A Center for 21st Century Studies Conference
May 2-4, 2013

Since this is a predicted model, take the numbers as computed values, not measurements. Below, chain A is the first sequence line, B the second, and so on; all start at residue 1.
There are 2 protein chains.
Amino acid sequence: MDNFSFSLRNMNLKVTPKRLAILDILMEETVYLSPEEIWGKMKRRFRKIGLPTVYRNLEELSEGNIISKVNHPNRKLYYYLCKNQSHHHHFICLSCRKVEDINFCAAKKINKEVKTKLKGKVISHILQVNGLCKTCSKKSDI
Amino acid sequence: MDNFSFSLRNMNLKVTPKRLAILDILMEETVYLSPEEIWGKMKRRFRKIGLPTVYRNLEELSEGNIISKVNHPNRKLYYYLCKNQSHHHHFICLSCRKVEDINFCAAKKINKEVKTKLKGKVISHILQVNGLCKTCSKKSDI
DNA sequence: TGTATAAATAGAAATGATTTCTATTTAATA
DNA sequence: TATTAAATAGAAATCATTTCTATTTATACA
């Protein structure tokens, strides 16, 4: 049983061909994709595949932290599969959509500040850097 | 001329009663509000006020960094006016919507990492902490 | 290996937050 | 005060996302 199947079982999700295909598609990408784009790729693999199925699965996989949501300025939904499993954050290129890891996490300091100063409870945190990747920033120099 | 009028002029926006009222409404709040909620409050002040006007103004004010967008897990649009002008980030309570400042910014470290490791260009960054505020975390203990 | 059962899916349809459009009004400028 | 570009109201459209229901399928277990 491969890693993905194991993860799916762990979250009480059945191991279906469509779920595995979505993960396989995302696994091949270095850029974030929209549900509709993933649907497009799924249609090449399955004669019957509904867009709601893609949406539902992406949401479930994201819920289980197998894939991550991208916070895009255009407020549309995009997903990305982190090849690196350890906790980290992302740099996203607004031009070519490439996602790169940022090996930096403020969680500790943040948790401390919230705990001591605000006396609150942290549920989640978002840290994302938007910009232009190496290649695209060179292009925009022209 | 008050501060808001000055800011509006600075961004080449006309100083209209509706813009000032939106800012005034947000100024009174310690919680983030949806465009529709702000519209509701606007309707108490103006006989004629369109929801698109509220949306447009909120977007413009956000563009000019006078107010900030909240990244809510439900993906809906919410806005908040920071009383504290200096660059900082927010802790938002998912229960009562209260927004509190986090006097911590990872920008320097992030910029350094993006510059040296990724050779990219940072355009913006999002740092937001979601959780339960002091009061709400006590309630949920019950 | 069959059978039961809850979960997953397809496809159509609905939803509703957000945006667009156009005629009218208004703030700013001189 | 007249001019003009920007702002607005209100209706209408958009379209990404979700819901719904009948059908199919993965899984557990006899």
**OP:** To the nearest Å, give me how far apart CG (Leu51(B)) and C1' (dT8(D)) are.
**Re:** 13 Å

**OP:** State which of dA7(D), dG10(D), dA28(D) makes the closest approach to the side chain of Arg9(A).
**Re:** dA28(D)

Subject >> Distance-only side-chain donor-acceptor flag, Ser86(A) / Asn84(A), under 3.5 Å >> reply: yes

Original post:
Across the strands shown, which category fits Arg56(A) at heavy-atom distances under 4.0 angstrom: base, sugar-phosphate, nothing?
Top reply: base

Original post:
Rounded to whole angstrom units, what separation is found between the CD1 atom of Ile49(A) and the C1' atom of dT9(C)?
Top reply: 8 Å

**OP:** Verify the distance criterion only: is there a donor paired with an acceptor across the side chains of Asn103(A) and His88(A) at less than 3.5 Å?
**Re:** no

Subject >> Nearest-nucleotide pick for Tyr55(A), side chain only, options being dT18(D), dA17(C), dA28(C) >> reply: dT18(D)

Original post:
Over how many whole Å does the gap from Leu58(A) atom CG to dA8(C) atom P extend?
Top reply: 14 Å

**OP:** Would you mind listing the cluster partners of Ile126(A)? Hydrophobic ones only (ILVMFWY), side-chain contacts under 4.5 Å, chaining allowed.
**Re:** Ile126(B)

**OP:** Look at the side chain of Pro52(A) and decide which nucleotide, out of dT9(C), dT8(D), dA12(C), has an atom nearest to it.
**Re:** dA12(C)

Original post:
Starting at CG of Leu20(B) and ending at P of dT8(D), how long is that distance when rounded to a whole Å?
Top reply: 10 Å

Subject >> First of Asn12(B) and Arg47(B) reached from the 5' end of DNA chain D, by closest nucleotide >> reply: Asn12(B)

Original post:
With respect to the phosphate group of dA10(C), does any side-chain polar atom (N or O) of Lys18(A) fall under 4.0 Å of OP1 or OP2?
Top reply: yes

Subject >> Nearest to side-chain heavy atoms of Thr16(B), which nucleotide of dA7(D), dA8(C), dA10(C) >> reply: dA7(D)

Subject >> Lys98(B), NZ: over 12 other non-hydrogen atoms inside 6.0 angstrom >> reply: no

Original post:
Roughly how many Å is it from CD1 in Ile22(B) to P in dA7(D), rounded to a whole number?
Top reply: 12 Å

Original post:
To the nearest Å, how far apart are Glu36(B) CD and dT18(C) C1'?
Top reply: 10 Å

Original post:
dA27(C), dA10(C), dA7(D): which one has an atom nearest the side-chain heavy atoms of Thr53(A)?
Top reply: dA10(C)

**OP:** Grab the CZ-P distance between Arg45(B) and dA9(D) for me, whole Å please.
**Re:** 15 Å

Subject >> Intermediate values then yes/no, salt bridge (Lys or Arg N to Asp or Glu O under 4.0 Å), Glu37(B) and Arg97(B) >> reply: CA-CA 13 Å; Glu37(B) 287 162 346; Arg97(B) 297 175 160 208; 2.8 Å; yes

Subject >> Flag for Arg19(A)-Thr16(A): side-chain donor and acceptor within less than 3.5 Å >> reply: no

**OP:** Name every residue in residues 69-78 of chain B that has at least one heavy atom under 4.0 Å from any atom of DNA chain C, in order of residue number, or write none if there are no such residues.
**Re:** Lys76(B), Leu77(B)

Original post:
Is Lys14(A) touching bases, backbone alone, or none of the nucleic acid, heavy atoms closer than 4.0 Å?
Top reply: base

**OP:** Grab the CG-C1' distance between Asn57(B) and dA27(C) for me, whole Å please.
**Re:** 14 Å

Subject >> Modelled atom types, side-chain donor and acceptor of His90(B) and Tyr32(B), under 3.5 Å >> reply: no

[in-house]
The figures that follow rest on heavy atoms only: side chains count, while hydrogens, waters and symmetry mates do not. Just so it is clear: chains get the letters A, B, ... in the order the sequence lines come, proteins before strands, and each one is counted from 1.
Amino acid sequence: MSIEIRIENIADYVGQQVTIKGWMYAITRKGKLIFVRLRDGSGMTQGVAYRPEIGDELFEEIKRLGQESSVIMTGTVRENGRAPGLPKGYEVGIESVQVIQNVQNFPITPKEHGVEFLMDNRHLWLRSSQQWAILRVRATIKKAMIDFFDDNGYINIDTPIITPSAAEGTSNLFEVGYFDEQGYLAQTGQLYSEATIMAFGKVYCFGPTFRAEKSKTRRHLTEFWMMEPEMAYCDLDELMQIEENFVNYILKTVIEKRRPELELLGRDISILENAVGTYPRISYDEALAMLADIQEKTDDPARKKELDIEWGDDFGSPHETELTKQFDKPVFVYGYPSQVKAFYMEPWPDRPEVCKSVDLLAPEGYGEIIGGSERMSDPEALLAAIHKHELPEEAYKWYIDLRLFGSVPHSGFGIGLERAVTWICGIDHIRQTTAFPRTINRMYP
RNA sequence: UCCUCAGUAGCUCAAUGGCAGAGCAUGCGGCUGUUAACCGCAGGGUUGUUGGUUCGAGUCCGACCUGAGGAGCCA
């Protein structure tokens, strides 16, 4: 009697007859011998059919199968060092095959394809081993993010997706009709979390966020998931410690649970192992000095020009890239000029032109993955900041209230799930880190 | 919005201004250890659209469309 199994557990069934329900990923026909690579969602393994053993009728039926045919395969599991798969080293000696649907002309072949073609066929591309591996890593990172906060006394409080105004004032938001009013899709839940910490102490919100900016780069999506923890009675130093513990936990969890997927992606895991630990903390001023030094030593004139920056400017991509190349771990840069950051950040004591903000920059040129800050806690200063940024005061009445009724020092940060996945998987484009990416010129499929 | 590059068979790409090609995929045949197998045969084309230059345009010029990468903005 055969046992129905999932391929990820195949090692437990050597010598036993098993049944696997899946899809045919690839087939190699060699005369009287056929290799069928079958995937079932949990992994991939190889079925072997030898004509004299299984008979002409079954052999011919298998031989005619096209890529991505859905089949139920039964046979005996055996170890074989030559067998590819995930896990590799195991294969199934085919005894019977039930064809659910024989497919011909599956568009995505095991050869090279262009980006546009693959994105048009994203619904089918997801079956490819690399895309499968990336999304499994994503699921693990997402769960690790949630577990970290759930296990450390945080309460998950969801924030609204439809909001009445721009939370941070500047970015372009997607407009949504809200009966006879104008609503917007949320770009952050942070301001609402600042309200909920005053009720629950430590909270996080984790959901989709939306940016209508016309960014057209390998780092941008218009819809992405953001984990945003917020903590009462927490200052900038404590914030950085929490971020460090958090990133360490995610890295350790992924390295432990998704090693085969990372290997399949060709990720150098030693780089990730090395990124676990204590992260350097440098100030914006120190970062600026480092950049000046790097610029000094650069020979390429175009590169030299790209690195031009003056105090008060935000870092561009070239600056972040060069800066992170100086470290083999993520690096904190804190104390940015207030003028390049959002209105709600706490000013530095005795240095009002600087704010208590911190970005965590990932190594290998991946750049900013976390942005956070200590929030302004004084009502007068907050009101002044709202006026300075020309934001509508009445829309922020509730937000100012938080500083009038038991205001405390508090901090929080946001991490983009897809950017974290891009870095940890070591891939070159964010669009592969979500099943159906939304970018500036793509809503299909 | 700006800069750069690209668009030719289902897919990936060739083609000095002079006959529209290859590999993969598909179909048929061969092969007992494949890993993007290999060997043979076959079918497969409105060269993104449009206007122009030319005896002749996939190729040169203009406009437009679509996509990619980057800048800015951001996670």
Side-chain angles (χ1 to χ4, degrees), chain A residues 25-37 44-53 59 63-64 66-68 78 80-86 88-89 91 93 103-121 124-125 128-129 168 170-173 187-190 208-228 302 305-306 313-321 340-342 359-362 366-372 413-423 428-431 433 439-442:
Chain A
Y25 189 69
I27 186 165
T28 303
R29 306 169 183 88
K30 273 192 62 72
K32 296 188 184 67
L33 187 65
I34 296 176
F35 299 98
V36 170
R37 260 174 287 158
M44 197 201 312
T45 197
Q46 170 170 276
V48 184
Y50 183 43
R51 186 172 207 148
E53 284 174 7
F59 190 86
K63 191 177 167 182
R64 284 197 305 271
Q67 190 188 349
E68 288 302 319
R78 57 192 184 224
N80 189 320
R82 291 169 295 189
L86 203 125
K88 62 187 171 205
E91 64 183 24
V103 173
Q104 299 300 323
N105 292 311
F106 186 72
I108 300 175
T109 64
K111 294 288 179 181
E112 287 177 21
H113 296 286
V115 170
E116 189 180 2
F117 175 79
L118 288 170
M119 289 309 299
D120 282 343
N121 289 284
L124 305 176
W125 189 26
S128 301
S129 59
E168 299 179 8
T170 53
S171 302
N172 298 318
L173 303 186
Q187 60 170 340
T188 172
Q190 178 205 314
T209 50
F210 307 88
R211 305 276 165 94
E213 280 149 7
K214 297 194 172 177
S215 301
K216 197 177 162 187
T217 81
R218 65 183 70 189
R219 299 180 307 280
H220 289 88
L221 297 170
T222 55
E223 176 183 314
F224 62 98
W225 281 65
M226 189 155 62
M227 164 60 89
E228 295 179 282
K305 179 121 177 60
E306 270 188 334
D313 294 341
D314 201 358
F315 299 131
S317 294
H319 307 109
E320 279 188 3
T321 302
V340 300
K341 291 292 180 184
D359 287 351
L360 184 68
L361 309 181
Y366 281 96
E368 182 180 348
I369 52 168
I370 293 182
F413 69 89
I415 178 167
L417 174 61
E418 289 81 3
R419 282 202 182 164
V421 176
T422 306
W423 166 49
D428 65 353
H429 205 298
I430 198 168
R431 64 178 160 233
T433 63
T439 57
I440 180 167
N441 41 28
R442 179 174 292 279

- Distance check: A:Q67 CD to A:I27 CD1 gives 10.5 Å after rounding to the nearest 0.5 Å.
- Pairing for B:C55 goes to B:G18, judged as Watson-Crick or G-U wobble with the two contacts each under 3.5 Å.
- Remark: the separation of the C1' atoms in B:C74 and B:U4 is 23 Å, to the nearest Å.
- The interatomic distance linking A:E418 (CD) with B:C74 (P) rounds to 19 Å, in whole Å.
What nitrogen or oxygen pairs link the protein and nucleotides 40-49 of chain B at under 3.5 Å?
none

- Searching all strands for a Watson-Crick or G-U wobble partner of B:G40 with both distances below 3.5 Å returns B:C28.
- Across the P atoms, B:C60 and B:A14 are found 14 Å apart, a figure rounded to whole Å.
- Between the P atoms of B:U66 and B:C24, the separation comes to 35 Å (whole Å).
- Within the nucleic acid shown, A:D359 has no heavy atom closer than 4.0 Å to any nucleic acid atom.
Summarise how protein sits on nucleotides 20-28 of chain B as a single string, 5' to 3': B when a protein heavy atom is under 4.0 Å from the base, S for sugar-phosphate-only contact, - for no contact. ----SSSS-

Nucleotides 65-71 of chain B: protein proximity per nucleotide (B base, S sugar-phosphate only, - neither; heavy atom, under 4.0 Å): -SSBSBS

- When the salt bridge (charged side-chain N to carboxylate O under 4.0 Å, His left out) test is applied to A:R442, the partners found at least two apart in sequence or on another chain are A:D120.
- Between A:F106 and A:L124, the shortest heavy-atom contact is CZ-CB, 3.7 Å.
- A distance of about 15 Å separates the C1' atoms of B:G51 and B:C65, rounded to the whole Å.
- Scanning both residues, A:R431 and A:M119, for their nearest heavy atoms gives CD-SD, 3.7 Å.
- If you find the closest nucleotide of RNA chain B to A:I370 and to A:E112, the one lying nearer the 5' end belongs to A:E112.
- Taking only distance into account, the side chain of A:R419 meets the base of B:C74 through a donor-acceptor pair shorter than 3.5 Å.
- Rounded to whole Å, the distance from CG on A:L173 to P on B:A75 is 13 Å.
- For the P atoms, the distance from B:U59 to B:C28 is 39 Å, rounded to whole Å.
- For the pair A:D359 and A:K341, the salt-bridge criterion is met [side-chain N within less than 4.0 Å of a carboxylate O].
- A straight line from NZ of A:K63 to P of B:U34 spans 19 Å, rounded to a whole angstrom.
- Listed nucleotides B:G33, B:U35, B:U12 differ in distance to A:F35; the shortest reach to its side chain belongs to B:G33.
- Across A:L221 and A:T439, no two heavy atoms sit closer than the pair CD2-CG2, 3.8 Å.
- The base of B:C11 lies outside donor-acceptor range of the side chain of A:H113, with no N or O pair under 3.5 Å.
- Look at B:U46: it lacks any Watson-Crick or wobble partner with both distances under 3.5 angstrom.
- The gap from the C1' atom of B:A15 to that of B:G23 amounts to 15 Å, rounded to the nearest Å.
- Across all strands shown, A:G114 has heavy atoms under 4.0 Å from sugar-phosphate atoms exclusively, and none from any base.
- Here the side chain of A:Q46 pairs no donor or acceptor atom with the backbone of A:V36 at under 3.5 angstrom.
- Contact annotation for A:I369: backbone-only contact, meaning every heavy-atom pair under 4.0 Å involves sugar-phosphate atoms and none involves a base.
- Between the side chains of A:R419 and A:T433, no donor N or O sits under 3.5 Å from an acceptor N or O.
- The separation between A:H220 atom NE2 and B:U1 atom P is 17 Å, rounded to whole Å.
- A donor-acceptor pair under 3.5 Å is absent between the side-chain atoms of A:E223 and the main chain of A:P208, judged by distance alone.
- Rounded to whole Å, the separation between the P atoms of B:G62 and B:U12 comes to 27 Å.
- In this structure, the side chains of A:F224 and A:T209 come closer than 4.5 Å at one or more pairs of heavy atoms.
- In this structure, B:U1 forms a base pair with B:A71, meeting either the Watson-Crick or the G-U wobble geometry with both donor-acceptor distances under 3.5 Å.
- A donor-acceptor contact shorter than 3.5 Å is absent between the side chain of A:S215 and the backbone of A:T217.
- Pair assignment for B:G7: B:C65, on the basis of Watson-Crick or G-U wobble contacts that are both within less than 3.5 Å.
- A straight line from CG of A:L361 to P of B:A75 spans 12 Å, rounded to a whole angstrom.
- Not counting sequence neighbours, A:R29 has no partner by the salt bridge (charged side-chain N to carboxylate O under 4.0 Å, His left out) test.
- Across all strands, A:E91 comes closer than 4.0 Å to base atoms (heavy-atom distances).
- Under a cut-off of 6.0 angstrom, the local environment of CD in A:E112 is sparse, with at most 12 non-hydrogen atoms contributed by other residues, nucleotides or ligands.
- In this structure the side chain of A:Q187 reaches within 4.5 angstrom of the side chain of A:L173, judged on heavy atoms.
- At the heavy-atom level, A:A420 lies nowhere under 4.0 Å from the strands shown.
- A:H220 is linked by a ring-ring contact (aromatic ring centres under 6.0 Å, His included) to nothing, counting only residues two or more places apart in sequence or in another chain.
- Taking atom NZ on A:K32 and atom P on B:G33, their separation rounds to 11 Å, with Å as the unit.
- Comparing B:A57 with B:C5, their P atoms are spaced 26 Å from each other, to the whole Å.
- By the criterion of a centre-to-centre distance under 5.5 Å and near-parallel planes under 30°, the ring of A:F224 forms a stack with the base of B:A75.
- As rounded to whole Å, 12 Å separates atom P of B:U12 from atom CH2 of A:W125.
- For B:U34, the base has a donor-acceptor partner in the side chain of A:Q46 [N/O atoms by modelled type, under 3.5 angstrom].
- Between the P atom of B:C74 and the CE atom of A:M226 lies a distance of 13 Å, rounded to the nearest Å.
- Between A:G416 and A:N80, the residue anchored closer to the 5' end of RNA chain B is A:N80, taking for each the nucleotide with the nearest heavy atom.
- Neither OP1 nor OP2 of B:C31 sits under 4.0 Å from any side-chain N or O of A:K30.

At least since the 1980s, the digital has been the occasion for enthusiastic, often utopian, dreams. In almost every area of human and nonhuman endeavor—finance, consumer culture, technoscience, education, medicine, communication, or the arts—digital technologies have been heralded as revolutionary if not redemptive. But there has always been a dark side to such digital enthusiasm—dark places that scholars of the digital tend to overlook as they illuminate new fields and paths; dark practices that intensify social inequalities and accelerate environmental destruction; and dark politics that often remain obscure to global media users. Devastating labor conditions at factories like FoxConn in China are exacerbated by the appetite for next generation iPhones or iPads. Securitization and data mining are fueled by the eagerness of contemporary media users to share their search patterns, location, and affective labor. And the environmental destruction from disposing the hazardous waste of still functioning but outmoded media devices, or mining for the precious metals that the continued production of these new devices require, is mostly invisible to the consumers of new tablets, mobile phones, HD monitors, and netbooks.